I will often times add just a teaspoon of melted coconut oil to the ganache for a shiny, no crack look actually keeps it looking fresh on the cake for days!
The Best Chocolate to Use for Making a Vegan Ganache Recipe
I can get Baker’s Brand Chocolate easily at my local supermarket and find this is really great for making ganache.
I’ve linked it here only so you can see the brand not so much as a requirement to buy it because Amazon is way more expensive than what I pay for the Baker’s brand in the supermarket which is usually just $2.59 and sometimes cheaper.
It really isn’t necessary to use an expensive chocolate here, and quite frankly in the bakery I would buy a grade of chocolate specifically labeled “Ganache Chocolate”.
It was definitely cheaper and who doesn’t love cheaper?
And don’t forget to look at the ingredients list for the chocolate to make sure there is not milk added into it!
We all know how they like to sneak milk into just about everything!
When it comes to making white chocolate ganache, this is a bit more delicate of a process.
Many people have a hard time working with white chocolate in the first place due to the fact that it is essentially all cocoa butter and a large amount of sugar without any cocoa liquor in it at all!
So is it even really chocolate?
We’ll leave that topic for another day!
You can make White Chocolate Ganache easily but it is necessary to reduce the plant milk amounts even more to compensate for the added fat content in that type of chocolate.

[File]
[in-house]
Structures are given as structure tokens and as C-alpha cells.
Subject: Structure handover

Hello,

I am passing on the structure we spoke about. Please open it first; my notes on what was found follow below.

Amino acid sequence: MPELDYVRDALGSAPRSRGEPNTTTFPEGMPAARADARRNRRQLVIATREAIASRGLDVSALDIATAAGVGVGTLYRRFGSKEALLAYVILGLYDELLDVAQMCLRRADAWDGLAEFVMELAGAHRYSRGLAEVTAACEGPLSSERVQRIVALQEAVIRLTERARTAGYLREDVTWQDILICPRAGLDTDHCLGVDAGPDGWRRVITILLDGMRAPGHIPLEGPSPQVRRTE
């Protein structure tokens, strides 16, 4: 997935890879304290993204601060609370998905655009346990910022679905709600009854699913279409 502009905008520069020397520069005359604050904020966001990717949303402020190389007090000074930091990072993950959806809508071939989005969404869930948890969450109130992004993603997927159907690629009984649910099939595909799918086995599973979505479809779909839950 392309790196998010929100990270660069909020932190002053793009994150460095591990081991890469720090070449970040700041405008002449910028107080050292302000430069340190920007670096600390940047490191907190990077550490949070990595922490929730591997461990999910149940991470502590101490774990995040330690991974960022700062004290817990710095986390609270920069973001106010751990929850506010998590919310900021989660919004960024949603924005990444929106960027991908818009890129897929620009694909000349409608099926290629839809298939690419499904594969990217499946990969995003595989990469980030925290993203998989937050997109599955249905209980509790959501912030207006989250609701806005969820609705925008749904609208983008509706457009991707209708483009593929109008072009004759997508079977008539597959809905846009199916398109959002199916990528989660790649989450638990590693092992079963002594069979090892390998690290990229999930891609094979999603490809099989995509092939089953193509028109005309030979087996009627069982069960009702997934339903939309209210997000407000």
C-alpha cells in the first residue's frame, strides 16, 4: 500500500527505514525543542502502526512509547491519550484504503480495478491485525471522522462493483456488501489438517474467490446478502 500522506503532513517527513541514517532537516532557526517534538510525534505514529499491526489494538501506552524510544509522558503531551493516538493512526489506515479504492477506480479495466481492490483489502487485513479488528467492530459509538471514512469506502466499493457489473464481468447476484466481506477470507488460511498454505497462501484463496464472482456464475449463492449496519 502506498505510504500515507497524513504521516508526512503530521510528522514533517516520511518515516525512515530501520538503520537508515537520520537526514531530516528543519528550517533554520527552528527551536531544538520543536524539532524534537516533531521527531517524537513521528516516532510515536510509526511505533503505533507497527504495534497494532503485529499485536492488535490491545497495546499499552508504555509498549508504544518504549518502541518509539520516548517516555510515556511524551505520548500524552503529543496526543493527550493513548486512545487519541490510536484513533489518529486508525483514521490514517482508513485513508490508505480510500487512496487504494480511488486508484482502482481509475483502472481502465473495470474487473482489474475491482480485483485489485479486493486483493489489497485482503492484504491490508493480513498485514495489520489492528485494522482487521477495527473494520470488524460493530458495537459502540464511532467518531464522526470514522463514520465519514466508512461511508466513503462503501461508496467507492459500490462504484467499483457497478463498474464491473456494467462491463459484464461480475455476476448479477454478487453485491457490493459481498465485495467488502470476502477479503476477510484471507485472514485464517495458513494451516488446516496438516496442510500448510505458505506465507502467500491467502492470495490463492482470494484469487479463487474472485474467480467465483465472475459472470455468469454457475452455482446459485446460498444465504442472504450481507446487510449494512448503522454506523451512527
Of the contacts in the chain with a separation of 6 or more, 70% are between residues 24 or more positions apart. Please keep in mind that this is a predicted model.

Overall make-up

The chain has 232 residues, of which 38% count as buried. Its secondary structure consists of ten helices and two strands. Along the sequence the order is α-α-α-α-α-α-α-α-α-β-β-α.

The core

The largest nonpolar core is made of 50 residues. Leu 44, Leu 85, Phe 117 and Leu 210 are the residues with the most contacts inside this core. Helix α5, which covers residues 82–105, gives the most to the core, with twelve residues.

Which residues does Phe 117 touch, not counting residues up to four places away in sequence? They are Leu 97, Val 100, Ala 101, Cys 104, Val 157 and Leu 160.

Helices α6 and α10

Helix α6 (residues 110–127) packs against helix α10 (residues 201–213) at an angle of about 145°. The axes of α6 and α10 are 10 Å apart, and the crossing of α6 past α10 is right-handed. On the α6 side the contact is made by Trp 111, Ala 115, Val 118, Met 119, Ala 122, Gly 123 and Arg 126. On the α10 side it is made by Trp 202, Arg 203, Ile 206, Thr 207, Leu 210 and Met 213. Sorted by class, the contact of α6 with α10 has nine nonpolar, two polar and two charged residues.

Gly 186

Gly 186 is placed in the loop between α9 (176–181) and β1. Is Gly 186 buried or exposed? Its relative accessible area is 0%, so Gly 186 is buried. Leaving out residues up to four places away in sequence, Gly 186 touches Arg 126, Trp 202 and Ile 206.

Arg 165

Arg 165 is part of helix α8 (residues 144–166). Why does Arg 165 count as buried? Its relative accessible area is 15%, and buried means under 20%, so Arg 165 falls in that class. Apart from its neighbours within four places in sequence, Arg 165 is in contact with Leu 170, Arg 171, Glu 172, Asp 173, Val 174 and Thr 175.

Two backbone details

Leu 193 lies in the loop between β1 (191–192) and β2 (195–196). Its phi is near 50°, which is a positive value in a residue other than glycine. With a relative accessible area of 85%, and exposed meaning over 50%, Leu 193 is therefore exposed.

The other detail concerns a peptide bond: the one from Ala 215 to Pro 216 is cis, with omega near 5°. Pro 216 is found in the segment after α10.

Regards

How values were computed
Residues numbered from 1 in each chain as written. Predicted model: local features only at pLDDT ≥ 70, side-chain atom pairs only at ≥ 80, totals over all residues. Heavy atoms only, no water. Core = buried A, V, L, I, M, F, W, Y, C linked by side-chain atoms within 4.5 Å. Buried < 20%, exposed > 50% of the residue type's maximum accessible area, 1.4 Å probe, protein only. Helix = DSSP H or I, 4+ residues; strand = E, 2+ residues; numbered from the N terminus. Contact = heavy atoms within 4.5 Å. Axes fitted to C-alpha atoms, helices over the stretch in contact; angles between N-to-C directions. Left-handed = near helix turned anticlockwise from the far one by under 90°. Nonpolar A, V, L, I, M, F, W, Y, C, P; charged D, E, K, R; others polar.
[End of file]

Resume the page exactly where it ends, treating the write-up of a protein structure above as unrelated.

I usually start with 4 ounces of melted white chocolate and add 3 tablespoons of warmed almond milk to that, stirring more than heating since white chocolate is the ultimate in sensitive ingredients!
Before you know it you can burn your white chocolate beyond recognition!
So always stir and heat less!
It will take time but patience is the key to success in a beautiful vegan ganache!
For a softer setting ganache you will use more milk and for a firmer ganache you will use less milk.
See below for White Chocolate Ganache notes
- 12 ounces of semi sweet vegan chocolate
- 8 ounces (1 cup) of milk alternative.* I prefer soy, almond and oat milks for their highest fat content of all the milk alternatives
- Heat the chocolate and milk together in a small sauce pot and stir (whisk) constantly over medium heat - stir constantly to avoid scorching the chocolate!
- Alternatively you can bring the milk to a boil then pour over the chocolate in a bowl- whisk smooth as shown in the video tutorial.
Too much agitation will cause rapid cooling to below 90 degrees F which will produce an GRAINY ganache.
- Temperature is an important factor in emulsification of ganache. The optimal temperature is 90 degrees F to 110 degrees F.
- If the temperature rises above 110 degrees F, the cocoa butter in the chocolate gets too hot and the fats will pool together and separate. This is what causes a "broken" ganache.
Repairing a Broken Ganache:
Divide the entire portion of broken ganache into 2 parts.
Warm 1 part over a double boiler to about 130 degrees F.
This will cause the fats to re-melt making the mixture thinner.
Take the other portion of ganache and cool it to 60 degrees F over an Ice Bath causing the fats to solidify making the mixture thicker.
Once you have reached desired temperature with both portions, remove the 1 portion from the ice water bath (to avoid any water splashing) and slowly begin streaming the hot ganache mixture into the cold mixture while stirring gently.